Unjust status of minorities, usually [local] majorities submerged in larger majorities and given only minority rights, has in more recent history taught us that the existence of a country is not more important than the interests of nations that live in that country.
Consequently, today true meaning of citizenship is above all multicultural citizenship, therefore citizenship in a country that takes care of ethno-cultural justice. On the contrary, in Bosnia-Hercegovina we have the resistant and deeply ingrained belief that the issue of ethno-cultural justice must be ignored by "civic" parties, because to do otherwise would be to become like "nationalists". However, the strongest argument in favor of the survival of the shared country is precisely in securing ethno-cultural justice for all three local nations and providing conditions for their survival and development of their national identity.
In the name of that justice the shared state must not favor any of the nations, which means that is must not be a nation-state of the largest nation. Only equal distribution of power, in federal or some weaker mode of consociational organization, can prevent the break up of the country. Stability of a complex, multinational country precisely depends on the degree of autonomy granted to separate societies that want to preserve their identity.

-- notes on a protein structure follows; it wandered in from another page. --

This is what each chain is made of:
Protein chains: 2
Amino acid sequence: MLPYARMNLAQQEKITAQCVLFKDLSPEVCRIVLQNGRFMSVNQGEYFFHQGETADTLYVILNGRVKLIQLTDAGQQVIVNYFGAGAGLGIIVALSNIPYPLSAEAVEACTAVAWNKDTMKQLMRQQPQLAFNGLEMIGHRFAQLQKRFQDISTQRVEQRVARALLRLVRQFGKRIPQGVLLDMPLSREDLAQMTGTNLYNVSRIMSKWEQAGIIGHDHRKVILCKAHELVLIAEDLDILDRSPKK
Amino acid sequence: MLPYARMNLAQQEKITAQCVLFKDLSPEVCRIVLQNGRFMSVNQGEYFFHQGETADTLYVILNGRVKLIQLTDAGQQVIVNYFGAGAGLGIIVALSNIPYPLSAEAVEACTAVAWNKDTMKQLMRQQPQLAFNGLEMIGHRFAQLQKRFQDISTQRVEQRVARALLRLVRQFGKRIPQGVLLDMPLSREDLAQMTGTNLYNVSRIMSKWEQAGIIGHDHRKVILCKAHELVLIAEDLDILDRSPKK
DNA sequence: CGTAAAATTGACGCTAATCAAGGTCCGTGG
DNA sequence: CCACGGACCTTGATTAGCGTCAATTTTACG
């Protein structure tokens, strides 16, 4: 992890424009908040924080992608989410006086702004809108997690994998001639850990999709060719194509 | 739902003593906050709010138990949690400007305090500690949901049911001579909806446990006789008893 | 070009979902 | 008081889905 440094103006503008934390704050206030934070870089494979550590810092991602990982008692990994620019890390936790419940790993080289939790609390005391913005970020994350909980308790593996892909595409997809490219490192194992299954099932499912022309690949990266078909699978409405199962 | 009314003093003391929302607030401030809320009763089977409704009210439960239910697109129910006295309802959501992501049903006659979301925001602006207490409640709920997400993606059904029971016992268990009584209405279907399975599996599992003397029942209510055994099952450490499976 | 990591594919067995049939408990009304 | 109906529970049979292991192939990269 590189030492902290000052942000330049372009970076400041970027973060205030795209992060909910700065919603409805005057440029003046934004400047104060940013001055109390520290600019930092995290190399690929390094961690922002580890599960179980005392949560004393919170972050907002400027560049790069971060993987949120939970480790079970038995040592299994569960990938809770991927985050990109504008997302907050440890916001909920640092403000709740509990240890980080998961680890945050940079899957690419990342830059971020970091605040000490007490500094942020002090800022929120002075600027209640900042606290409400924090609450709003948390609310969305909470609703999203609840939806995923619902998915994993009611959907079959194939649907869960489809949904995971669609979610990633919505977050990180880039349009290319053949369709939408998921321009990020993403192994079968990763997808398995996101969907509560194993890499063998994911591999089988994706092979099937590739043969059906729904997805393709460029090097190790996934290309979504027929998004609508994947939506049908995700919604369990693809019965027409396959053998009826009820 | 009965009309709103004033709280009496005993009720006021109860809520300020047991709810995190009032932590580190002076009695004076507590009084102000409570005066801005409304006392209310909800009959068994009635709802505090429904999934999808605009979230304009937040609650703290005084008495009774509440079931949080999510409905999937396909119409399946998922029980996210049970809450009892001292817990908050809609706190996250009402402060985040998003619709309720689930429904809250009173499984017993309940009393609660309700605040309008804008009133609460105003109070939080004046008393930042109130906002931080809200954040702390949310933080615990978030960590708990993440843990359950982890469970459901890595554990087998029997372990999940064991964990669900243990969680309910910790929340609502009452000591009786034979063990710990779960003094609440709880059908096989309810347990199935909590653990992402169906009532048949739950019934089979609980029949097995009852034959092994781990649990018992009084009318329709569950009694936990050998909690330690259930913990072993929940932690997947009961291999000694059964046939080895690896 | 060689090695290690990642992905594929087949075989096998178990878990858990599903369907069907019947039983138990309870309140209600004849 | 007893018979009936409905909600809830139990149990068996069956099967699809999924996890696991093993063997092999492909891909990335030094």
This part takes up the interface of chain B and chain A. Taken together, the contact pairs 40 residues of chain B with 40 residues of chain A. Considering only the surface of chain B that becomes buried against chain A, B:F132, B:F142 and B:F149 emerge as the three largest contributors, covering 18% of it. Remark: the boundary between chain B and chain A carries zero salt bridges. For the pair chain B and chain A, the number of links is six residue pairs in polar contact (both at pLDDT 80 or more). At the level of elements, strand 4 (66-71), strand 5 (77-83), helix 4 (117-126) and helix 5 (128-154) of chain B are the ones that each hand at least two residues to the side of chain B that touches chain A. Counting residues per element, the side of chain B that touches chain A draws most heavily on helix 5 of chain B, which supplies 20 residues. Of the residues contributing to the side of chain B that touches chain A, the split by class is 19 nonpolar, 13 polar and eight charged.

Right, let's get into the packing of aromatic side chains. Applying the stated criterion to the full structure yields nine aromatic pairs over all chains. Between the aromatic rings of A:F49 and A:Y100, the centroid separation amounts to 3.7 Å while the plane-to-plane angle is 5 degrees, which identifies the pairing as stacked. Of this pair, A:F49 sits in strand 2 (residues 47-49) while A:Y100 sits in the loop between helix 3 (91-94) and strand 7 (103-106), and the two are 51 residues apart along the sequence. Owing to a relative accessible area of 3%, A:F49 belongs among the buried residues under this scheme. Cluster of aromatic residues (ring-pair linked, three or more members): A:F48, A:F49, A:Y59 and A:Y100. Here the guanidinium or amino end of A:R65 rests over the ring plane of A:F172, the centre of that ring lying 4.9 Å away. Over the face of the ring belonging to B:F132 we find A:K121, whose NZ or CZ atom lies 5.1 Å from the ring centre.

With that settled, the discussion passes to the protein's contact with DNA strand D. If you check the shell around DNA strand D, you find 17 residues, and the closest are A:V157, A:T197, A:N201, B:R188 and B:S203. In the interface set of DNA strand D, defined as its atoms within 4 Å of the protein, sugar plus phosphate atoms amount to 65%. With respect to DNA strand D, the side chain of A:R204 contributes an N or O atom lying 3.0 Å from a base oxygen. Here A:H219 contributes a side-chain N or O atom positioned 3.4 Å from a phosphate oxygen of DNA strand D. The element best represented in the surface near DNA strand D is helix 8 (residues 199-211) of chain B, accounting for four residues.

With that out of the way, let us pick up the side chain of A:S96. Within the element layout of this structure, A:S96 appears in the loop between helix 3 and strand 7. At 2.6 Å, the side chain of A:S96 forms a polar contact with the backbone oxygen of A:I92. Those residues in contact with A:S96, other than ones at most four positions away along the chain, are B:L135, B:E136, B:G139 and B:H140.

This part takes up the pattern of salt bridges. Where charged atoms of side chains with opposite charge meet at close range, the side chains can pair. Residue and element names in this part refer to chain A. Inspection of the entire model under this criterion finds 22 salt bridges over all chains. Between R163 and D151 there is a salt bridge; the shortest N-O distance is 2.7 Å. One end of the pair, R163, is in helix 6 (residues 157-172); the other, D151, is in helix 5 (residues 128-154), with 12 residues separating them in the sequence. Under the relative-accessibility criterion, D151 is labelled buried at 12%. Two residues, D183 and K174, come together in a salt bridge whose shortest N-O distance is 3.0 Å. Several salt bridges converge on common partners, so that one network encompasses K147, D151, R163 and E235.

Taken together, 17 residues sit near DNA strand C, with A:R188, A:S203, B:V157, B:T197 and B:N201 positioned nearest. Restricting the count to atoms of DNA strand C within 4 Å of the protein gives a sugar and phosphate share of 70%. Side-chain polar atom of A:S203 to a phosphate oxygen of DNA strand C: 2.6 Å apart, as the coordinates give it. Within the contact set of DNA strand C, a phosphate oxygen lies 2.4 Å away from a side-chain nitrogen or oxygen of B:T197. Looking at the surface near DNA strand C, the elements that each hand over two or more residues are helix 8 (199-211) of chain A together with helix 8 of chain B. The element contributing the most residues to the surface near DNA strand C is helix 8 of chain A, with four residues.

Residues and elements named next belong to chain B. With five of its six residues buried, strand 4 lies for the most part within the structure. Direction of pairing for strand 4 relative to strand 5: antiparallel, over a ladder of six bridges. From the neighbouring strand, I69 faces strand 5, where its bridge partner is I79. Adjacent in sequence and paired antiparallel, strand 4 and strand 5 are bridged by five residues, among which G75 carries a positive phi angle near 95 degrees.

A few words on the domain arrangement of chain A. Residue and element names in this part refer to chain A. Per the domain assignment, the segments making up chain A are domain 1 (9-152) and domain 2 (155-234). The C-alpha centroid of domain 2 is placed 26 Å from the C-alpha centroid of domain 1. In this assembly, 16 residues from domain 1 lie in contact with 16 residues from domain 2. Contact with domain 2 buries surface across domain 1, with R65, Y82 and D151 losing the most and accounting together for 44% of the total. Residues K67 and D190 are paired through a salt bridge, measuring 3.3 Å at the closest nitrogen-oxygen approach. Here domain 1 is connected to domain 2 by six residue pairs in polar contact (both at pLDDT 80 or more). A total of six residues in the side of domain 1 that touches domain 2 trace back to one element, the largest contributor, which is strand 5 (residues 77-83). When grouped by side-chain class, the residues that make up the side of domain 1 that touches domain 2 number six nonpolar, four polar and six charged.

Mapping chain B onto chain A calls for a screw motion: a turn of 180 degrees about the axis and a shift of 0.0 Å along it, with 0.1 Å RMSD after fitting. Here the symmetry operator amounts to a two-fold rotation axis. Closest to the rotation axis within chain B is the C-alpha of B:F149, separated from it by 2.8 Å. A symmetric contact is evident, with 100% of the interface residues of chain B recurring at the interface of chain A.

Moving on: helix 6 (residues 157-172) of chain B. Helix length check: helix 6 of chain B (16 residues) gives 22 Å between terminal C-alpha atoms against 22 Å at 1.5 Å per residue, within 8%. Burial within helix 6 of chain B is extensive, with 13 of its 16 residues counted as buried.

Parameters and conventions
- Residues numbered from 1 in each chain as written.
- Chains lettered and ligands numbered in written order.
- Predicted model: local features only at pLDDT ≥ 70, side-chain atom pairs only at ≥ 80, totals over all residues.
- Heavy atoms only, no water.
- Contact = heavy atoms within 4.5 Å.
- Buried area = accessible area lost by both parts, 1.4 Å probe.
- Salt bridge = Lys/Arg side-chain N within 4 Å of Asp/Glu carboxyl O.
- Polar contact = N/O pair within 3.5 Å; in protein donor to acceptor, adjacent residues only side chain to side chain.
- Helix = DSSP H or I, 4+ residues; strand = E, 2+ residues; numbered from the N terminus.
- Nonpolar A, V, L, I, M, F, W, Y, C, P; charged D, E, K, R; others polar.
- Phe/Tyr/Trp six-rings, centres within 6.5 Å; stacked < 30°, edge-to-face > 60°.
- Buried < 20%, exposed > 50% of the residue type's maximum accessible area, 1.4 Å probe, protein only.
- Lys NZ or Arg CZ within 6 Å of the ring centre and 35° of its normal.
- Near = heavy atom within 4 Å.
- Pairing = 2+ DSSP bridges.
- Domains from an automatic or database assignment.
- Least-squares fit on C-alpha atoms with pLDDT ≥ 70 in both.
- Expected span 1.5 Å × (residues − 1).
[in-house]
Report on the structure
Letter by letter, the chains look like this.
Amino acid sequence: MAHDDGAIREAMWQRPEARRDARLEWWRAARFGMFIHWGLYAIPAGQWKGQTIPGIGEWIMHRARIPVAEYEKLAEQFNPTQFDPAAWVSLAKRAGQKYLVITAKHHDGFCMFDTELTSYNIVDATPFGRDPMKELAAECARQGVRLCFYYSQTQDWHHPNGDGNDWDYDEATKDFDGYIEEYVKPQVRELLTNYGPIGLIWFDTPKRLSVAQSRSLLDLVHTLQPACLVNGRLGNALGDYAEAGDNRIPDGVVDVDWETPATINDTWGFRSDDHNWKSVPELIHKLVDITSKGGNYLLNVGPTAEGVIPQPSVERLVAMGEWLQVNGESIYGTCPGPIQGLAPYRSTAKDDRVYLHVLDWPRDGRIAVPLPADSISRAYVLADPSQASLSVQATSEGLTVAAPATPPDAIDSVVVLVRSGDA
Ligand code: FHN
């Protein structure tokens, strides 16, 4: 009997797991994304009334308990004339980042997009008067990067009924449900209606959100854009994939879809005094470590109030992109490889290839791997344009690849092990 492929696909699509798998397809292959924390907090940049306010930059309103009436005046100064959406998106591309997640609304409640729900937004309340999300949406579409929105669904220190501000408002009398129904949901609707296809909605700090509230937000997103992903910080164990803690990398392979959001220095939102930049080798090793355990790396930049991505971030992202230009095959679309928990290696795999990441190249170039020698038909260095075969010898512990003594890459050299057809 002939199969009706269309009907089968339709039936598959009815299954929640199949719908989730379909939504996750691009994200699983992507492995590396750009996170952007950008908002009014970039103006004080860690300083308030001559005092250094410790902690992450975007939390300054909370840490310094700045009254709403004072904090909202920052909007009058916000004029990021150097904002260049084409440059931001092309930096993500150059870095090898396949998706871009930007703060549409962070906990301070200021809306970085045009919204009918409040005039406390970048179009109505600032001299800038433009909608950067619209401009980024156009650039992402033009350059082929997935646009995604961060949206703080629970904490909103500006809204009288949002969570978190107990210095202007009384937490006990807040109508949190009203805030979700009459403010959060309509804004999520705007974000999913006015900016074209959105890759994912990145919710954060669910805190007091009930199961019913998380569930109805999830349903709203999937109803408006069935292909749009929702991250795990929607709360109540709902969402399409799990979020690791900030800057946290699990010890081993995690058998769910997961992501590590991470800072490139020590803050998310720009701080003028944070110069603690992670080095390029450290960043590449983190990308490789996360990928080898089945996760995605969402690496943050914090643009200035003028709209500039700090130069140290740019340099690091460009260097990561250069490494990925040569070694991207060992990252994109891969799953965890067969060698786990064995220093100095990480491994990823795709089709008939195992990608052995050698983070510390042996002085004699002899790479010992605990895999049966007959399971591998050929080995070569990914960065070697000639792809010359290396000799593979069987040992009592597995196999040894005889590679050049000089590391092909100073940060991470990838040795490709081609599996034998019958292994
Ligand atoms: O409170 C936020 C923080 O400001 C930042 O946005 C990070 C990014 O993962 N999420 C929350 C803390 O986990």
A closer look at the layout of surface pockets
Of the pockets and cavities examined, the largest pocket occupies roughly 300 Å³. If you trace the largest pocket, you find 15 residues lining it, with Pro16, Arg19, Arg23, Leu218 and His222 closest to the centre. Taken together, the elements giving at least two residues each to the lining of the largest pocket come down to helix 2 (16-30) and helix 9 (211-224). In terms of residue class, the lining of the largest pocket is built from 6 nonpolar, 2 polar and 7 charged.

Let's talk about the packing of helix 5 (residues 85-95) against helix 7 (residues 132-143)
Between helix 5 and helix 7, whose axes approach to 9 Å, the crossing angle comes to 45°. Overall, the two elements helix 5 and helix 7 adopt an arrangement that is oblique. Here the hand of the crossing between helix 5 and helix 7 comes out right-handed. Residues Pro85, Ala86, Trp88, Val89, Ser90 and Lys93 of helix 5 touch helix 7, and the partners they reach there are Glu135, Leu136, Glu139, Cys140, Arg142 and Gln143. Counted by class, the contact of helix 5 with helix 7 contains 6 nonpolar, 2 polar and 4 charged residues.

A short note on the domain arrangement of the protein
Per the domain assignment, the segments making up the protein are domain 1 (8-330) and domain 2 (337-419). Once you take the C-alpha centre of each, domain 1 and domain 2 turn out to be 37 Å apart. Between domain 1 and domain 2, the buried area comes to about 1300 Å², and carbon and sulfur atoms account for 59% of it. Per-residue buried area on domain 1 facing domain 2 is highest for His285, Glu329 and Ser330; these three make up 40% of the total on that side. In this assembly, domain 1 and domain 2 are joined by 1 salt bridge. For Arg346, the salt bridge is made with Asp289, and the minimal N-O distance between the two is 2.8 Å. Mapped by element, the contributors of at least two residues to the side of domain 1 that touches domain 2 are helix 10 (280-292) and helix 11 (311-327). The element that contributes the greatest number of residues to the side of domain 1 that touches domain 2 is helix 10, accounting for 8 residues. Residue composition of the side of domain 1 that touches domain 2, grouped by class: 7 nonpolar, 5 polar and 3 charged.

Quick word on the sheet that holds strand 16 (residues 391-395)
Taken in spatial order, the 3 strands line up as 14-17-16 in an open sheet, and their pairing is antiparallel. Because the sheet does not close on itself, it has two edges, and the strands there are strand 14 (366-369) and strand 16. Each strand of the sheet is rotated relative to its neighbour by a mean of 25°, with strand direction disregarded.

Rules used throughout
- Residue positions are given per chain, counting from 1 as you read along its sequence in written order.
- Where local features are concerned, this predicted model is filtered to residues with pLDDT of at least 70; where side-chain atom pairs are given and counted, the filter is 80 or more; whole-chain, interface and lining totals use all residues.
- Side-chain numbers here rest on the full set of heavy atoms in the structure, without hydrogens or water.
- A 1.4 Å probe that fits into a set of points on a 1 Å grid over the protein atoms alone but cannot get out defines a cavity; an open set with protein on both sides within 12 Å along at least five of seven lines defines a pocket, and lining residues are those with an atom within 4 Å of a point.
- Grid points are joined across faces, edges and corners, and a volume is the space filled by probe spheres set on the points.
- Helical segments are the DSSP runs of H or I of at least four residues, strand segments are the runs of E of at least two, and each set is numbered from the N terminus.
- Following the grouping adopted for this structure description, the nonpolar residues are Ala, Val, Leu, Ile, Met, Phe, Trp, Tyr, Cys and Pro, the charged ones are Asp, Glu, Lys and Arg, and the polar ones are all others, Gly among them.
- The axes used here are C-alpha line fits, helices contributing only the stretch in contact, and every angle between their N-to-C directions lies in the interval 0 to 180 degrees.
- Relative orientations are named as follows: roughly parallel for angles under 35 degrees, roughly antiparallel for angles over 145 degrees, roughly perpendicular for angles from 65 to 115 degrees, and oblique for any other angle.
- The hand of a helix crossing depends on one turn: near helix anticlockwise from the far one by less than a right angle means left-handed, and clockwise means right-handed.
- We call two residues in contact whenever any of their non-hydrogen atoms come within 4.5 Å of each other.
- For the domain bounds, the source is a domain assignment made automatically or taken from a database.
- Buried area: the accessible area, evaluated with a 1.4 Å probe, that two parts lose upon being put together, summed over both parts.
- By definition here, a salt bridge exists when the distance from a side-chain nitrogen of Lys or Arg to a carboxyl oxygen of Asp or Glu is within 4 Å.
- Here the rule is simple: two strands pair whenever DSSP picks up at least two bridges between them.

The degree and type of autonomy depend on political and legal mechanisms that guarantee both civic rights and rights of other nations. In the past the preferred solution for ethno-cultural justice was struggle for an independent nation-state and its recognition through war or revolution, violence and lawlessness.
Consequently, peace and the age of civic constitution could ignore these issues and boil them down to minority policies. In the post-war Bosnia-Hercegovina we can see that the struggle for ethno-cultural justice has not only continued but could also become the main issue of the legal and political life in the country. Constitutional courts of entities and of Bosnia-Hercegovina, as well as the International Justice Court in the Hague are slowly and persistently eroding the foundations of ethno-cultural injustice from the last war.